Super Review: Boyhood
During my short stay in Amsterdam I had to chance to check out Boyhood, a film that’s really about nothing, but at the same time it’s kinda about all kinds of stuff.
Ellar Coltrane, the main protagonist in Boyhood, grew up over the course of filming, starting out when he was 7 years old and finishing by the time he was 19.
Boyhood is the most recent film by Richard Linklater, which apparently just came out in Europe by looks of theaters in France, Belgium and Holand over the last month. It’s a very special film in that it was filmed over the course of 11 years using the same cast and production crew.
The film tells the live of Mason (Ellar Coltrane) and his older sister Samantha (Linklater’s daughter, Lorelei) growing up in Texas with their single mom Olivia (Patricia Arquette). At the beginning of the film, Mason is 6 years old and his father, Mason Sr. (Ethan Hawke) is trying to get back with Olivia.
Mason’s childhood is filled with many scenes I could relate to growing up, but there were also some moments that were shocking and interesting too. For instance, when Mason attends his first day in elementary, the class teacher makes the kids pledge allegiance to the flag of the United States, but then kids are also required to pledge allegiance to the flag of Texas. Kids say the words like mindless drones and to a guy who didn’t grow in the United States, like me, it’s fascinating.
The film’s narrative is very subtle, with few post-production effects from what I could see, and the framing and camera angles give the overall impression that the film is being recorded by a family member we never see. In a way it’s tone is melancholic and as the film moves forward, it evolves into nostalgia as you can’t help but remember how the kid’s voices used to sound two hours ago when the film began.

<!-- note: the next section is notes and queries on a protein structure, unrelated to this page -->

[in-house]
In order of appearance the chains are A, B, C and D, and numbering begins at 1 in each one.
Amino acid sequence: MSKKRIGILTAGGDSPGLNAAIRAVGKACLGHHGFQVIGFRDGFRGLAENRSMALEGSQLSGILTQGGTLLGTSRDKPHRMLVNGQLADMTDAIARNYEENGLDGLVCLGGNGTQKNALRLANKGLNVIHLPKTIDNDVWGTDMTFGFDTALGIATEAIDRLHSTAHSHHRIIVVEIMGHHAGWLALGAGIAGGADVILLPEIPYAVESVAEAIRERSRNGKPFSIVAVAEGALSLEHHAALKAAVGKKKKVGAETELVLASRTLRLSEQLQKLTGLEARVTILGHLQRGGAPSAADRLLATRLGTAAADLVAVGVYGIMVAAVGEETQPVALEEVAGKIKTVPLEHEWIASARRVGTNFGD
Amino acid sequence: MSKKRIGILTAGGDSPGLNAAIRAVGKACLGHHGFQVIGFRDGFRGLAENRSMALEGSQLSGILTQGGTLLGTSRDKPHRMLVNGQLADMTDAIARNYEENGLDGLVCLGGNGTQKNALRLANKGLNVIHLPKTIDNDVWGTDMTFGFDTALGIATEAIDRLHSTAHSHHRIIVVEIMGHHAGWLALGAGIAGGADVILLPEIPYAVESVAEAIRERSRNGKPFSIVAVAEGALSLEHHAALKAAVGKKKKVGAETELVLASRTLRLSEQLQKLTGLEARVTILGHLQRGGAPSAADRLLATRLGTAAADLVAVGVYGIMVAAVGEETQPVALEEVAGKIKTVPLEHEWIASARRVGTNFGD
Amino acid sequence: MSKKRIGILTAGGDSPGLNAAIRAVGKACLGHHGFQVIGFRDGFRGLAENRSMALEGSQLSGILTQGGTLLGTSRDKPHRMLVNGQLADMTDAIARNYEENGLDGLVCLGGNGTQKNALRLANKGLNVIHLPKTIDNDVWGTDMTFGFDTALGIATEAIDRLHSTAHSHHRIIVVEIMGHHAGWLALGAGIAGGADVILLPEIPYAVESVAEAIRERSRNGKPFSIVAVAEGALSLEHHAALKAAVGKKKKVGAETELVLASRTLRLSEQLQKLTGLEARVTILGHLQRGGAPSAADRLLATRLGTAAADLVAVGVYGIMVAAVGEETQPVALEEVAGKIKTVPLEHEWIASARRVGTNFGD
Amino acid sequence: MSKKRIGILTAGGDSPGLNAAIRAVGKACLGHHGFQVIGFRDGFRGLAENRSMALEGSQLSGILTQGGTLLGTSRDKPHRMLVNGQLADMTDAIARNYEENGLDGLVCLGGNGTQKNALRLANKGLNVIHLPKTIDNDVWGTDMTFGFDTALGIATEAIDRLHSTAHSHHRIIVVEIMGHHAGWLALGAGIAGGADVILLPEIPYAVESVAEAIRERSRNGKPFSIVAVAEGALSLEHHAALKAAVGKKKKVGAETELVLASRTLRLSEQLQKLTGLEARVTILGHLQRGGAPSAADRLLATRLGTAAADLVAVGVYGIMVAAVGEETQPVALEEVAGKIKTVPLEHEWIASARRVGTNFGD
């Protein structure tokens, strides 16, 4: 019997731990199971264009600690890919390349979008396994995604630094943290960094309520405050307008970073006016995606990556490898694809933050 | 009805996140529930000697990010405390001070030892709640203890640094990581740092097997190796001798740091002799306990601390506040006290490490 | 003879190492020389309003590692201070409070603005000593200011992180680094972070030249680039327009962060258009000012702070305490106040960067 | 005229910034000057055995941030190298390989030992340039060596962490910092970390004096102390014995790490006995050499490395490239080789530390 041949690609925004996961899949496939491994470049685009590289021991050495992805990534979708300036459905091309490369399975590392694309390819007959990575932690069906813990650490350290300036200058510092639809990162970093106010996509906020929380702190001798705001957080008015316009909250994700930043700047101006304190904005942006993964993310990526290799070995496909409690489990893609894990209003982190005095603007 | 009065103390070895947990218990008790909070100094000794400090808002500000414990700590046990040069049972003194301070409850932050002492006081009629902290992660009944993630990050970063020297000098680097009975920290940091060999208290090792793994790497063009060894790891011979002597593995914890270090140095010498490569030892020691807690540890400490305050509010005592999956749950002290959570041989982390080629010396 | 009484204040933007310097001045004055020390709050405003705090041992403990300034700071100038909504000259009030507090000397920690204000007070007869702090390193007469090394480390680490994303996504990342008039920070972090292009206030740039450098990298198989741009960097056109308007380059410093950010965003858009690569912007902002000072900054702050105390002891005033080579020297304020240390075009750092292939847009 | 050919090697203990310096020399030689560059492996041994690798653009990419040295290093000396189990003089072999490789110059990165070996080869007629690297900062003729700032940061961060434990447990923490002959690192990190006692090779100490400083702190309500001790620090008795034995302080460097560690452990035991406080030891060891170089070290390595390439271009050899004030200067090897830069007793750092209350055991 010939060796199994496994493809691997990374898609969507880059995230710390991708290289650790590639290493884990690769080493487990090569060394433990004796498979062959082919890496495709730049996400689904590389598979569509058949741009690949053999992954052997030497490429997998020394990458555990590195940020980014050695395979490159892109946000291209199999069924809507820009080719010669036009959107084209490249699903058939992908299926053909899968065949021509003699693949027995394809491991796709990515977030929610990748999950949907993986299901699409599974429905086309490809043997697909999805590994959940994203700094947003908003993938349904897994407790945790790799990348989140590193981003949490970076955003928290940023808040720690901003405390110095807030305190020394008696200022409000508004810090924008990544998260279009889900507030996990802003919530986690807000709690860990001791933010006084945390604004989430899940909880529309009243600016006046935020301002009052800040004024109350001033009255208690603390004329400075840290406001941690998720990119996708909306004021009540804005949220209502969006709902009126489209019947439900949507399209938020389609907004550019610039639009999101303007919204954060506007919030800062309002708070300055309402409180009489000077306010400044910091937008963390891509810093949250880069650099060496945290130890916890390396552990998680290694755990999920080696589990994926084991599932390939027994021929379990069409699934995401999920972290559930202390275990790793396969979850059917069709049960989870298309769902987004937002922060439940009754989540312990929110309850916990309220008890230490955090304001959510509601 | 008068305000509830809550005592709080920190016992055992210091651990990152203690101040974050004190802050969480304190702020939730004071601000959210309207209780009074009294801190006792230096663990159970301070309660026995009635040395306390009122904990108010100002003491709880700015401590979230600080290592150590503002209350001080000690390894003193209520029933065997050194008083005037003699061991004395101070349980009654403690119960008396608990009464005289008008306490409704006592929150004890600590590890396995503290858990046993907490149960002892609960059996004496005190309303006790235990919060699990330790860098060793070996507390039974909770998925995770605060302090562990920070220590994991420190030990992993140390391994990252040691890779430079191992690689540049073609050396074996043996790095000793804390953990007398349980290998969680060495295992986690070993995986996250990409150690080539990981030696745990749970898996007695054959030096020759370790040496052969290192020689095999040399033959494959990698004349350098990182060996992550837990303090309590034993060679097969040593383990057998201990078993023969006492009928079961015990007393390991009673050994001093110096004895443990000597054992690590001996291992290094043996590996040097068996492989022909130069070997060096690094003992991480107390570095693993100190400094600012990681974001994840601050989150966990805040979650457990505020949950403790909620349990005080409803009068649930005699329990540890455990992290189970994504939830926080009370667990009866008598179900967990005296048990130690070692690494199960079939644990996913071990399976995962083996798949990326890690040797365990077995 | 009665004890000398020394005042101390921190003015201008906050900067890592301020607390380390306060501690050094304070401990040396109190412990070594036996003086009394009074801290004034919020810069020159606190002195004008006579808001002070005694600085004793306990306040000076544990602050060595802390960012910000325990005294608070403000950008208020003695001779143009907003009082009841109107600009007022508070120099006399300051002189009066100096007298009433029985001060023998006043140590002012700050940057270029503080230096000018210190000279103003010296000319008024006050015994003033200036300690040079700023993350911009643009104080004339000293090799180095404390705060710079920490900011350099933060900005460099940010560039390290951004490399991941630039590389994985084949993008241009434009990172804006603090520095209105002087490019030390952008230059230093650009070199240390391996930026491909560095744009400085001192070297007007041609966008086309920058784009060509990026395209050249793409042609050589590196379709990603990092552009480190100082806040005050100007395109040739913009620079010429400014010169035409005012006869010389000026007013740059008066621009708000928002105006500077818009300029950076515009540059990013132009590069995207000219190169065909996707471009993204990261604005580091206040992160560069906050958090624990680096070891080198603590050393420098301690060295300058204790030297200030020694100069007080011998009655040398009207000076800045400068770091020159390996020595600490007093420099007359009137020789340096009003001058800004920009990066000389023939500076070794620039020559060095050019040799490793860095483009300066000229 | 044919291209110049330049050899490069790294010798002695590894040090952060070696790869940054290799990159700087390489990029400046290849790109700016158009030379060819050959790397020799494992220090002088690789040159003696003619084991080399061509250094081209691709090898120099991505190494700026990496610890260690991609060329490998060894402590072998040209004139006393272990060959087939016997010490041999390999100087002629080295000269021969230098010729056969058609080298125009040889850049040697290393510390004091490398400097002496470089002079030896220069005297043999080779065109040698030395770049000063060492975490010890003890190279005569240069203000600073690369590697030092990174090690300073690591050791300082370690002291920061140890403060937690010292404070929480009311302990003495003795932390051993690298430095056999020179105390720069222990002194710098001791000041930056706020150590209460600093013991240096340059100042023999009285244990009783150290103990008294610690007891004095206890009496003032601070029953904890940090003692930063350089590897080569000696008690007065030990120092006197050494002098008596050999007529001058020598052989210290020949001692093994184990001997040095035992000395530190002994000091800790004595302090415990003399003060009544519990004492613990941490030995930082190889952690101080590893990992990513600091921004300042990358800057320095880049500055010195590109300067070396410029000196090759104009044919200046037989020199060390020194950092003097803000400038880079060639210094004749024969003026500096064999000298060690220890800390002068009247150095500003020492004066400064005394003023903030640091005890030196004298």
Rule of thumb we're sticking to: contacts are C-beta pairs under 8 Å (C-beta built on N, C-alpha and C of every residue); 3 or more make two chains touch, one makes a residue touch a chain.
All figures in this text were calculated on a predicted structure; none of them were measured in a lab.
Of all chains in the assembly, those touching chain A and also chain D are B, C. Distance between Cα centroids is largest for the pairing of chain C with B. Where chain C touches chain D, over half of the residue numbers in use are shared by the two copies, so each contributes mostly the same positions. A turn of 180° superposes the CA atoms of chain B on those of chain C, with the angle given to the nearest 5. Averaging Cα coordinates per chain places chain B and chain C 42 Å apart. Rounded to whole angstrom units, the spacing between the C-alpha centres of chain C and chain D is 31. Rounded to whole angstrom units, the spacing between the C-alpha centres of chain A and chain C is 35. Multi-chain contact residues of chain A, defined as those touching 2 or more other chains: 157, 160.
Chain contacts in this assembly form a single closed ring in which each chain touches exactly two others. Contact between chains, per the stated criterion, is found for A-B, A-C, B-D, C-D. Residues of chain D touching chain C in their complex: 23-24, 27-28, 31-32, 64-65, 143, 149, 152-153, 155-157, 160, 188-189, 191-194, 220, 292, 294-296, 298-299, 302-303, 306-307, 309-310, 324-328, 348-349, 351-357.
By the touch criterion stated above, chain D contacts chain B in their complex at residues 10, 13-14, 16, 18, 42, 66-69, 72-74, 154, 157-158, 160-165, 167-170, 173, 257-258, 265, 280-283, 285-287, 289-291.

On paper, Boyhood is the story of a kid from his early goings in elementary school until he starts his freshman year in college. In that sense you could say that there’s really nothing out of the ordinary in Mason’s life, but even so, it feels so real that it’s hard to lose interest in every character’s life, not just his. What’s behind the central plot is way more interesting, because you may find Mason is your most relatable character or maybe you can’t stand Samantha, but deep down the stories each share are compelling.
My hat goes off to Arquette, who did an amazing performance as a single mother of two trying to get a job while finishing her college degree and looking for someone new. Almost all the drama in the film centers on her and in the end she’s the glue that keeps the rest of the cast together, even when the kids are all grown up and gone.
Clocking in at almost 3 hours, I felt Boyhood was too close to the line between giving me the full story and over-sharing, because once Mason graduates it’s as if the film has nothing else to say. It’s a cliché, but just like life, Boyhood is mostly about the journey and not so much about the destination.
Super Review is a column where I look at films, video games and comics when I have the chance to watch, play or read them. It is purely subjective and full of opinions you shouldn’t take too seriously. For more, check out the archive.